Governing Regulation for Drug Labelling Requirements
The primary sources of information for consumers are the labels and labeling materials, as they provide useful information such as those dealing with the safe and effective use of a drug product (e.g. indication(s), pharmacologic class and dosage), and information dealing with quality (e.g. manufacturing and expiration dates, registration number, and manufacturer).
To ensure that drug establishments provide the most accurate information relating to their products, the Food and Drug Administration (FDA) issued Administrative Order No. 2016- 0008, otherwise known as the Rules and Regulations Governing the Generic Labeling Requirements of Drug Products for Human Use (“FDA Regulations”). The Rules promulgated by the FDA aims to rationalize the existing rules and regulations on generic labeling requirements of drug products.
How does the FDA define the term ‘drug’?
The FDA Regulations define the term Drug Product or ‘Drug’ as follows:
- any article recognized in the official United States Pharmacopoeia National Formulary (USP-NF), official Homeopathic Pharmacopoeia of the United States (FIPUS), Philippine Pharmacopoeia (PP), Philippine National Drug Formulary pNDF), British Pharmacopoeia (BP), European Pharmacopoeia (EP), Japanese Pharmacopoeia (JP), International Pharmacopoeia (Ph. Int), any national compendium or any supplement to any of them;
- any article intended for use in the diagnosis, cure, mitigation, treatment or prevention of disease in humans or animals;
- any article other than food intended to affect the structure or any function of the human body or animals;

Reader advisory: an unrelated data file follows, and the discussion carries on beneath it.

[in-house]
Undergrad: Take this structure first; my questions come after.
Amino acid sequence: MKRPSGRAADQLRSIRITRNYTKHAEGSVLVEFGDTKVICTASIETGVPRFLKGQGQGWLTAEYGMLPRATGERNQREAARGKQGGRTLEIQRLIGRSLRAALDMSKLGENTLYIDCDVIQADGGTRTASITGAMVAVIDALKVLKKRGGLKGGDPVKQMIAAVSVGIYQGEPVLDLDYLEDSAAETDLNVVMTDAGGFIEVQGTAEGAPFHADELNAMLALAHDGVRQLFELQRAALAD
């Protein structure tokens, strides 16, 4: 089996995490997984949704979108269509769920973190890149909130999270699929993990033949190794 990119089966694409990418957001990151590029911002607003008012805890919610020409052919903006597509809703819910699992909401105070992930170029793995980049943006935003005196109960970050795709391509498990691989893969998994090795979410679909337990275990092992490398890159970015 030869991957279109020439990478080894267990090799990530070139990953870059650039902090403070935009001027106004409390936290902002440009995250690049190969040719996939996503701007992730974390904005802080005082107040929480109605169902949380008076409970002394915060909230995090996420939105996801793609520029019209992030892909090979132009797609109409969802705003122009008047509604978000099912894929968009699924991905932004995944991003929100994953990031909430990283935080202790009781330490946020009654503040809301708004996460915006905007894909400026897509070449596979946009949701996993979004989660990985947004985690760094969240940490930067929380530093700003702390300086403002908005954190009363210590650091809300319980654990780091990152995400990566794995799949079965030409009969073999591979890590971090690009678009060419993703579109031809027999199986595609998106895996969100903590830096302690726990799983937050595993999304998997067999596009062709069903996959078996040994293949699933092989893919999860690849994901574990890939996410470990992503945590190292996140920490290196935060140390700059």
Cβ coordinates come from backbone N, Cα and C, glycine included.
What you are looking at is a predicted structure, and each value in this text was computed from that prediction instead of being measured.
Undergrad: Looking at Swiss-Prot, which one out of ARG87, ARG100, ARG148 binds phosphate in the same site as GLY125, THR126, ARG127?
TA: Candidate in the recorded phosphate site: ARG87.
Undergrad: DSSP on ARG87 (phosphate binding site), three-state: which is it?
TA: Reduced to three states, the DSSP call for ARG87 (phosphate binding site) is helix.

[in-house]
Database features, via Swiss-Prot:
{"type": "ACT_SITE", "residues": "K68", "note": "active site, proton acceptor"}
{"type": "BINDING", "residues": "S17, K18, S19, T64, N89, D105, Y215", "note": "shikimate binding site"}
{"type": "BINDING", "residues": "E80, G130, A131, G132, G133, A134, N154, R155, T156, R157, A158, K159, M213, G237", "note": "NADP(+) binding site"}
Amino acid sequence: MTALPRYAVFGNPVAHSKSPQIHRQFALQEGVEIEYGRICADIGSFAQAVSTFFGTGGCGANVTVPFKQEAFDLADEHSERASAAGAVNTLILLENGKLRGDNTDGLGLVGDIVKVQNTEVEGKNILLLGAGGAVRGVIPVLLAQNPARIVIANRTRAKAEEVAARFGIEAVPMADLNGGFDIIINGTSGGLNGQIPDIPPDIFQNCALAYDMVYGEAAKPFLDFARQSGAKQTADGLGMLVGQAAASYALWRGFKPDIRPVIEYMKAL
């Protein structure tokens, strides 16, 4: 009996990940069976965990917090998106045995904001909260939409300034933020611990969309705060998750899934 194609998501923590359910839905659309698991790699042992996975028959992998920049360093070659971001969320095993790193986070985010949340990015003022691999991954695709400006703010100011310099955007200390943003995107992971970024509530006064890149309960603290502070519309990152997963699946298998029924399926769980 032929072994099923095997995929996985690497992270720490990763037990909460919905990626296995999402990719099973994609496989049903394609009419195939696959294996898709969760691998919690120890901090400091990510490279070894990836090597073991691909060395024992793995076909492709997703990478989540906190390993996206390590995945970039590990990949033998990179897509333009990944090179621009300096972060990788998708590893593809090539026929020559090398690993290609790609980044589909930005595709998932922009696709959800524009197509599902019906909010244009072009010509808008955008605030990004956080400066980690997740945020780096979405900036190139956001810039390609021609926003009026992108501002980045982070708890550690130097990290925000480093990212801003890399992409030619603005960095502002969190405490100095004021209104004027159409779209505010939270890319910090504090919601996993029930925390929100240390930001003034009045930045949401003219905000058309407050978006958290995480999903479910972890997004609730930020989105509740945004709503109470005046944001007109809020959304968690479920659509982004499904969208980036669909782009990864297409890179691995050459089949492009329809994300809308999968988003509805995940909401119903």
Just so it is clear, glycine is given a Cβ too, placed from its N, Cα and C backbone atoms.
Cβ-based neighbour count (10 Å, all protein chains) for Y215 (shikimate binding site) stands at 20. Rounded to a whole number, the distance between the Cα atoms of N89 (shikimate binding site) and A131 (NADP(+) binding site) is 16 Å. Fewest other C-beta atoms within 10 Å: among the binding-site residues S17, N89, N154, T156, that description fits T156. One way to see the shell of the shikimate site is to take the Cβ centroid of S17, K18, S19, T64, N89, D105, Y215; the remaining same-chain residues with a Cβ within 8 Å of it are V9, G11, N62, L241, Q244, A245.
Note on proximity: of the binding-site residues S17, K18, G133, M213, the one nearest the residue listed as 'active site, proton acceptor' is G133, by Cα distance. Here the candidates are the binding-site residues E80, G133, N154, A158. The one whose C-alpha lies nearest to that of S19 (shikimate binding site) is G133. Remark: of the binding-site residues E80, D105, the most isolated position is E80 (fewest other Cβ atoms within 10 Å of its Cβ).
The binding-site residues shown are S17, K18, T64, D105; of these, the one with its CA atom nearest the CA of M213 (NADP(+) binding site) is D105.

- any article intended for use as a component of any article specified in clauses (a), (b) and (c) not including devices or their components, parts or accessories;
- herbal and/or traditional drugs which are articles of plant or animal origin used in folk medicine which are:
- recognized in the Philippine National Drug Formulary
- intended for use in the treatment, cure or mitigation of disease symptoms, injury or body defects in humans
- other than food, intended to affect the structure or any function of the human body
- in finished or ready-to-use dosage form; and
- intended for use as a component of any of the articles specified in clauses i, ii, iii and iv.
What is a Label?
A label means the written, printed or graphic matter on any drug product, its immediate container, tag, literature or other suitable material affixed thereto. The label on the drug product is important because it gives information as to the identity, components, ingredients, attributes, directions for use, specifications and such other information as may be required by law or regulation.